Published on 03-Sep-2010
"The possibility of combining information and viewing it from all angles has opened up completely new approaches for investigation work." - Police Commissioner Thomas Helm
Mecklenburg-Vorpommern State Police
BA - Business Analytics, BA - Business Intelligence
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The organization chose IBM initially because their solution offered a broad range of user friendly functions and helped Mecklenburg-Vorpommern State Police to solve their need to bridge heterogeneous data sources and provide their users with well performing reporting and analysis tools.
The Mecklenburg-Vorpommern State Police was looking for a solution to help manage its information more efficiently by standardising and aggregating data from different sources. They also needed user-friendly analysis tools to provide more reliable, complete and up-to-date decision-making information.
A solution consisting of IBM Cognos 8 Business Intelligence, IBM Cognos Framework Manager, IBM Cognos Report Studio, IBM Cognos Query Studio and IBM Cognos Analysis Studio provides managers at every level with fast and transparent access to important decision making information throughout the organisation.
Homogeneous, automatically updated decision-making information; targeted provision of information based on requirements; single-entry and multiple use of data; and fast, flexible multidimensional analyses in an easily understandable format.
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Around 6,000 agents and staff work in the offices of the Mecklenburg-Vorpommern State Police, maintaining law and order over an area extending from Schwerin and Usedom to Neustrelitz and Cape Arkona. This includes the policemen and women on the beat, who attend road traffic accidents, acts of violence, burglaries, eco-crimes and disputes. To patrol its coastline and lakes, the state of Mecklenburg-Vorpommern needs a coastguard, as well as a criminal investigation department and riot police for more serious situations. All of these areas work together, exchanging and generating information, each with different data requirements. They also cooperate with the Federal Criminal Police Office and police forces in other German states.
Readers of newspapers or detective novels understand the importance of comprehensive and up-to-date information for police work. However, it’s not just major crimes that need solid foundations for decision making; this is an essential requirement for day-to-day police work as well. To address this need, the Mecklenburg-Vorpommern state police is relying on an IBM® Cognos® solution to provide its managers at every level with fast and transparent access to all information throughout the organisation. Visibility is improved thanks to standardised data and a wide range of analysis options – in the operational area of inquiries and searches, for resource planning and tactical and strategic control, as well as for long-term analyses of criminological phenomena and scientific investigations of crime trends.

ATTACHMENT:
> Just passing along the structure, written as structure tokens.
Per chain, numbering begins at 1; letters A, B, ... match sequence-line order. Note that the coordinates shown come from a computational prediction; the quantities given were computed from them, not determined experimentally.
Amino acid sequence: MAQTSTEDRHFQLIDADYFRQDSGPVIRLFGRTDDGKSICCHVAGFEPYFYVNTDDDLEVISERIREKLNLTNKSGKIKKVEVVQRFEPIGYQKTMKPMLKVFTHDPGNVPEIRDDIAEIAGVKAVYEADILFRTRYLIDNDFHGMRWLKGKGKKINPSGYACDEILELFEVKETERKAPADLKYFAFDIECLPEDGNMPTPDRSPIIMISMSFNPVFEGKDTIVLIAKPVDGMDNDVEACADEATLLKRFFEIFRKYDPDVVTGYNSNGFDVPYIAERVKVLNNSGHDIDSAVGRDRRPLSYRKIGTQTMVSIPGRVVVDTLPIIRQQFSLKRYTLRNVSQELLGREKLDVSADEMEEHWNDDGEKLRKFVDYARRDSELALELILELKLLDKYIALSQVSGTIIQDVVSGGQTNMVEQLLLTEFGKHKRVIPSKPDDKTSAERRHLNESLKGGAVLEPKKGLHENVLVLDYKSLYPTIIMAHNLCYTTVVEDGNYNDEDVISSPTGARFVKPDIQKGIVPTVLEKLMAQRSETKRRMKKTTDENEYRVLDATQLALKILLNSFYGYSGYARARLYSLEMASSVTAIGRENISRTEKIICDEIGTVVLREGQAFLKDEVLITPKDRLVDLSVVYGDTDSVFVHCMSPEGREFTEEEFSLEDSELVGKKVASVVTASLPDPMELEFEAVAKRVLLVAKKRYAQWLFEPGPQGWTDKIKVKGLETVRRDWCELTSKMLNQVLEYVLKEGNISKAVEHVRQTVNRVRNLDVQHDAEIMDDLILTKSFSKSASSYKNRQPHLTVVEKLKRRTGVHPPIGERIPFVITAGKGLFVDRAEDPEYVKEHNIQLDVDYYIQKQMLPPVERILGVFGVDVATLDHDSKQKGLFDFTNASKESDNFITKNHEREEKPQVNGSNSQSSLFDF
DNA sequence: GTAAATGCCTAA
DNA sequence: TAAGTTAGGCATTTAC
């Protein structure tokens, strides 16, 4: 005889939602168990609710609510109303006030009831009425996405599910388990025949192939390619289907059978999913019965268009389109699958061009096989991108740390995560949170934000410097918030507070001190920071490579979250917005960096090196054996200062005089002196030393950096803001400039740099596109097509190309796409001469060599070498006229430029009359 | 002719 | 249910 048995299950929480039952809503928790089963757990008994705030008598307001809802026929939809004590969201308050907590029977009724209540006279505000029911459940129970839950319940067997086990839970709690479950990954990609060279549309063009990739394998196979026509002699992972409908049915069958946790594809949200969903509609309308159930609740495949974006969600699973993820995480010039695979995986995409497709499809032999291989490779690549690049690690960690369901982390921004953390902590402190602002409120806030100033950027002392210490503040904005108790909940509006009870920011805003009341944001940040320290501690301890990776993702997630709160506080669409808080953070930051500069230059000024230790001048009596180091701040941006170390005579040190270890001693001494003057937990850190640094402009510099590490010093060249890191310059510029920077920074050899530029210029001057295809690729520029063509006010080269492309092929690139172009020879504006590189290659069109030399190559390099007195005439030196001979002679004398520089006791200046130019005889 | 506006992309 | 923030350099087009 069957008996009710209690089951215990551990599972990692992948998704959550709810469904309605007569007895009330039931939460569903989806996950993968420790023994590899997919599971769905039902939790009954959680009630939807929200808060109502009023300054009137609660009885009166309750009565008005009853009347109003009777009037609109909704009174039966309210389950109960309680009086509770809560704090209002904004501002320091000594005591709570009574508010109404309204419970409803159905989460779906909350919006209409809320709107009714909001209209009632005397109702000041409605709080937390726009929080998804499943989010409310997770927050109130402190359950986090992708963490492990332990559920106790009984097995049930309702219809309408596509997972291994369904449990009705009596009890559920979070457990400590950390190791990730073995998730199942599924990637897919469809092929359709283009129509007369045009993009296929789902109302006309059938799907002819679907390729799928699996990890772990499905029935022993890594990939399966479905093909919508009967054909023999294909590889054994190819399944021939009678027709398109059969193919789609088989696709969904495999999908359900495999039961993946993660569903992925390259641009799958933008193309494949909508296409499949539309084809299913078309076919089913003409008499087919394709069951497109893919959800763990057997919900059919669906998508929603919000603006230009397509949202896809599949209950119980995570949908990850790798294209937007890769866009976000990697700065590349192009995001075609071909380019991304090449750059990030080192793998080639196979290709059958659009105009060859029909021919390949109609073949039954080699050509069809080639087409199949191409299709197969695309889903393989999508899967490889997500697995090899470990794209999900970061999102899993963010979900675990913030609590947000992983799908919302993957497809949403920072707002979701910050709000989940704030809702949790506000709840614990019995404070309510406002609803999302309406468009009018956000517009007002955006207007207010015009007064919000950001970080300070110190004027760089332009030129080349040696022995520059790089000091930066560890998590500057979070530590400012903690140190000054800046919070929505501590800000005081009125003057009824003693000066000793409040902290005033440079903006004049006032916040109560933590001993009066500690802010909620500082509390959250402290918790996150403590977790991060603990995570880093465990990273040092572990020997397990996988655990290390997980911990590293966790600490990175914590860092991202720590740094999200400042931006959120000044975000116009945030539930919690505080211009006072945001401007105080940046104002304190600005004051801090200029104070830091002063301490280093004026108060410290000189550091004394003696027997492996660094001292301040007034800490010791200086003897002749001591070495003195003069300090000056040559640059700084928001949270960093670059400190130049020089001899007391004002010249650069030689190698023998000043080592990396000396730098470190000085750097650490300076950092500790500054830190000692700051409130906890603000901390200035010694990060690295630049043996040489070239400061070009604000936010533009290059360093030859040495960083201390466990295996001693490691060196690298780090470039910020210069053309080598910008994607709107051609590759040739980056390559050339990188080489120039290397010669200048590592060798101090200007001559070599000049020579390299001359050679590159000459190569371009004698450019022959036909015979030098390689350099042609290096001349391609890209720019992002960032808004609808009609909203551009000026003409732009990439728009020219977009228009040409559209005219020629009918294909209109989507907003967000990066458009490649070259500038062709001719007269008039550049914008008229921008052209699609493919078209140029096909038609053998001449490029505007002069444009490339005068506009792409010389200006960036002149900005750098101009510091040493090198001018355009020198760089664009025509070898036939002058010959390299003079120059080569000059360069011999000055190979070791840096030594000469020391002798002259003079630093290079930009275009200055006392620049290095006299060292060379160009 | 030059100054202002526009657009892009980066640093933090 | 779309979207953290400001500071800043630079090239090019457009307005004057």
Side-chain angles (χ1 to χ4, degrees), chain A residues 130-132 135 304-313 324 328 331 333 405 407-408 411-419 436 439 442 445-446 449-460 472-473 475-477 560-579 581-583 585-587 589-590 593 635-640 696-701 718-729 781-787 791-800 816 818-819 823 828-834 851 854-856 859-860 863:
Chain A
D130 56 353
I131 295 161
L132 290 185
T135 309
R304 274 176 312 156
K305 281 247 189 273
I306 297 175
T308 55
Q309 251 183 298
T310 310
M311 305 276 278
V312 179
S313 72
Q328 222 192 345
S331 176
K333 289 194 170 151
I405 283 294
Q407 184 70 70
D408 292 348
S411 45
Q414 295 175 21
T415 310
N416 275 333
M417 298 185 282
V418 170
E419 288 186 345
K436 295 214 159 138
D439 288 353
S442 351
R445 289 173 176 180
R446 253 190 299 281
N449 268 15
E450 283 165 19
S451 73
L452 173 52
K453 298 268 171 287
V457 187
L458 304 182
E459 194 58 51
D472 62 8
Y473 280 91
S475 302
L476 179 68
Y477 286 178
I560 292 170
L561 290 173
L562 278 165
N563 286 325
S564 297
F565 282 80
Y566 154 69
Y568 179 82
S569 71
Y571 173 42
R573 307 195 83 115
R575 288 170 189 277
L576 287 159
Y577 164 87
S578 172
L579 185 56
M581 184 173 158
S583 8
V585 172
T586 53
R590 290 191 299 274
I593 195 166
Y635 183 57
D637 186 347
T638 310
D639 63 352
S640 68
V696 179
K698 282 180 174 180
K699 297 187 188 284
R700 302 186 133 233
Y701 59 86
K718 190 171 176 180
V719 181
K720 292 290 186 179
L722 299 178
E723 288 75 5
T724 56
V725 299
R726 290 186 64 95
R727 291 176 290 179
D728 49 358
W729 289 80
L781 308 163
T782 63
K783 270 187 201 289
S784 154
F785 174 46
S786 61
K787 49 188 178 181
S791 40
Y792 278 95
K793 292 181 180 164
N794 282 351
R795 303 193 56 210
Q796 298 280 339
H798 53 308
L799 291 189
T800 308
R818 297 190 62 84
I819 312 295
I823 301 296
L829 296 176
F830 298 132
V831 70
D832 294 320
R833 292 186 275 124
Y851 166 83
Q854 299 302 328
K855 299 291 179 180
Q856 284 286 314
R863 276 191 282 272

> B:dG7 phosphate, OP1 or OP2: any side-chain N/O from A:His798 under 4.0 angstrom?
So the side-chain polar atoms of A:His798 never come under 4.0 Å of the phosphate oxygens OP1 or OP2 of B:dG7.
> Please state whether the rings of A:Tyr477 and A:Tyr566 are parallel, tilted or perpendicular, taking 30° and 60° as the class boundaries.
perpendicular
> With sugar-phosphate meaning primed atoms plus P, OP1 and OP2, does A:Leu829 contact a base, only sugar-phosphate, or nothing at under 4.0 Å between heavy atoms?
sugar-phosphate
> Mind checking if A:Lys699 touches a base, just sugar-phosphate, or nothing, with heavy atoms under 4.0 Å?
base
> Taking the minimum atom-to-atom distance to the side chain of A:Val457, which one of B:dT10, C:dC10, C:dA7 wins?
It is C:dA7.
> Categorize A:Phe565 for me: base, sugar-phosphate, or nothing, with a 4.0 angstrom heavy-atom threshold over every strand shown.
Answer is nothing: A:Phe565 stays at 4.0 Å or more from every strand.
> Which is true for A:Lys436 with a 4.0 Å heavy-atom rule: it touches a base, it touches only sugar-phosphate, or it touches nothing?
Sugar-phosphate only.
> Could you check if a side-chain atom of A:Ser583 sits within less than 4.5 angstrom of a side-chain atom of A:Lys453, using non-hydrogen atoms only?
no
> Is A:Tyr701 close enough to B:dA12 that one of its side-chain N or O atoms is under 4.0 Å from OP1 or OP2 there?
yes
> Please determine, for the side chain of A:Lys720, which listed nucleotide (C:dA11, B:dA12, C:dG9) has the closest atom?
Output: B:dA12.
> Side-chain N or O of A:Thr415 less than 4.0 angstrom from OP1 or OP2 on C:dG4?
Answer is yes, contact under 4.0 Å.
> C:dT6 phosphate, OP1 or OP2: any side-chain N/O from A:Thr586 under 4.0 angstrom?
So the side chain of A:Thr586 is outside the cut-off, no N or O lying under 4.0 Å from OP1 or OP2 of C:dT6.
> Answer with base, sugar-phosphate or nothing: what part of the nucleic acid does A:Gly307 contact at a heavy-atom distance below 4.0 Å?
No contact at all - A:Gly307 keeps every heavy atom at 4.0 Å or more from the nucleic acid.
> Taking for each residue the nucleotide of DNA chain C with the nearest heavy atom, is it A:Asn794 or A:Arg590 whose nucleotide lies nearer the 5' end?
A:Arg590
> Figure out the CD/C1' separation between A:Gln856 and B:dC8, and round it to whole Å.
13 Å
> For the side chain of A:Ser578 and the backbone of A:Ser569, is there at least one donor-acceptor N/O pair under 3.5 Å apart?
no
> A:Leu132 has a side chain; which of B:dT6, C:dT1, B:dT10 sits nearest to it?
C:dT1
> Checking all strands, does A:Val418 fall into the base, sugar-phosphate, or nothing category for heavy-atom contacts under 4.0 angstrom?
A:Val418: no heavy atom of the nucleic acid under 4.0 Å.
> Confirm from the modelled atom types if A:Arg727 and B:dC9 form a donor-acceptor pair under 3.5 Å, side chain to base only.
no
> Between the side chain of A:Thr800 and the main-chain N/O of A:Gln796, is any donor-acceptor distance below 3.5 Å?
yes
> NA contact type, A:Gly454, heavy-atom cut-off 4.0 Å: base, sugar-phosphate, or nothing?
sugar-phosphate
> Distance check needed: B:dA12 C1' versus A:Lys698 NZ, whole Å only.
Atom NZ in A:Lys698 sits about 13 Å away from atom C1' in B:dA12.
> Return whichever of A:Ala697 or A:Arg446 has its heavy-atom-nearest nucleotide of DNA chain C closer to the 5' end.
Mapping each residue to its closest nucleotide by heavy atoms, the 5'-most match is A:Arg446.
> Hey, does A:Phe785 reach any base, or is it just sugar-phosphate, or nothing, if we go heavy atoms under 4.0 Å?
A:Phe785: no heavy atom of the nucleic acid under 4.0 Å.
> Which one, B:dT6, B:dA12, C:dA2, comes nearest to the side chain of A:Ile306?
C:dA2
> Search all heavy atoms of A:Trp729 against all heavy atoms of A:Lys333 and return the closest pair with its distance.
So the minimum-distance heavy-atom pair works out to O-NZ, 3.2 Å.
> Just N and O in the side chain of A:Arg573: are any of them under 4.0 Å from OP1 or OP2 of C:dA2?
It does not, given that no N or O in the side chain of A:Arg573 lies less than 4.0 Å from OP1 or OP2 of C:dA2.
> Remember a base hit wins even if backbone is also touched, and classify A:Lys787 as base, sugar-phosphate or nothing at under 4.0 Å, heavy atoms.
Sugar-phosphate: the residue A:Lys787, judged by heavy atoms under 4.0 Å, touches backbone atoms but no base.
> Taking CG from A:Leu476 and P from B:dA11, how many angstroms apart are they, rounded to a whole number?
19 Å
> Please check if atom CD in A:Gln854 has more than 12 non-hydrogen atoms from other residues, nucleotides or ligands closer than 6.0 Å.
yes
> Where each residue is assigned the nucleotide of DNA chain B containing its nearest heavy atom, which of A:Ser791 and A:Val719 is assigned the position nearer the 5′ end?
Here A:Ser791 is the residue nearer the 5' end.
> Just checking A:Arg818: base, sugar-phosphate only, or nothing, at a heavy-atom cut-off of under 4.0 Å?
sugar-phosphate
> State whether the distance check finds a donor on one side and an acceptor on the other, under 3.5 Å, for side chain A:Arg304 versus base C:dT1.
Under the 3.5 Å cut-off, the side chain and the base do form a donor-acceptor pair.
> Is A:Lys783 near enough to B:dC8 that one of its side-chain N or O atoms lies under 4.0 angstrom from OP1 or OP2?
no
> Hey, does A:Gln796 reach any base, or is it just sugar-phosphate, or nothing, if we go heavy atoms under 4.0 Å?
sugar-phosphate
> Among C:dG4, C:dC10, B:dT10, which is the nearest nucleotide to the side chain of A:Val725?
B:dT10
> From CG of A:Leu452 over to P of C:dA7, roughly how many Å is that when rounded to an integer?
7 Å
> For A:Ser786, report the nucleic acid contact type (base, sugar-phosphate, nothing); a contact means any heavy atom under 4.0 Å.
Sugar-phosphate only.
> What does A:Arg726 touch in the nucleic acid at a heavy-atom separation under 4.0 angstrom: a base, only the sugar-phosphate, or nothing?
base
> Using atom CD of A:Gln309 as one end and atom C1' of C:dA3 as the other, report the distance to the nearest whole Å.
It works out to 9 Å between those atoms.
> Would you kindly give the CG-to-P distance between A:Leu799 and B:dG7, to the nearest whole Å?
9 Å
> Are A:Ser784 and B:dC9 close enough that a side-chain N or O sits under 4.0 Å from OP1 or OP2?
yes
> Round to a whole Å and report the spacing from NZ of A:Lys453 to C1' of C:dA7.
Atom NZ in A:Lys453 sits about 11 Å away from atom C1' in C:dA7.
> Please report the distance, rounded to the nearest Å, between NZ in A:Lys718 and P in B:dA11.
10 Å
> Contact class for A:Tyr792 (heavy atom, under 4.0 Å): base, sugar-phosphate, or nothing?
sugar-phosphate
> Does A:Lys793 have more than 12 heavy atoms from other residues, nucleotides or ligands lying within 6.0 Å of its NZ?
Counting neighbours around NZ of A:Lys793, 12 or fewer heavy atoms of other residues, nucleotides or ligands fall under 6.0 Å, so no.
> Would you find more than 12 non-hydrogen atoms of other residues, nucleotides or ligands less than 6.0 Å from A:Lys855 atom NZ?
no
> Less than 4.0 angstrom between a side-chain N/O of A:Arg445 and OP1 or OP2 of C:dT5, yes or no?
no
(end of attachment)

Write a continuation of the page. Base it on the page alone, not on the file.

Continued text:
High data volumes do not necessarily mean high levels of knowledge
It is police procedure to record every incident attended, including all the relevant details. In a large state such as Mecklenburg-Vorpommern, high volumes of new data are generated every day. “However, there was no standard state-wide system capable of summarising the data from the current police situation and making it available in real time. In many cases paper was still used. Reports were written sometimes in Word, sometimes in Excel, and there were frequent duplication's,” says Police Information and Evaluation project manager, Chief Superintendent Johannes Kanski.
The heterogeneous nature of the data meant that rapid analysis was difficult, an essential requirement for inquiries, searches or tactical resource planning. To obtain a complete picture, managers sometimes had to accept critical delays and significant extra work for their staff. A great deal of manual effort was required to produce variable or tailored analyses of data. In short, there was a lack of valid information, available in the right format, at the right time and in the right place.
In 2004, the interior ministry of Mecklenburg-Vorpommern launched a long-term project entitled Police Information and Evaluation, intended to create new foundations for all aspects of the police force’s information management. IBM was brought on board as the project partner. The aim of the PIA project was to implement a state-wide reporting and analysis system based on a data warehouse.
“We needed to collect and aggregate decision-making information, derived from the data entered in different systems by every employee at every workstation, in a central database. From here, it could then be made rapidly available to all authorised users based on target groups. Since the users are not IT experts, we needed a simple and intuitive interface – along with a great depth of analysis and flexibility,” explains the project manager.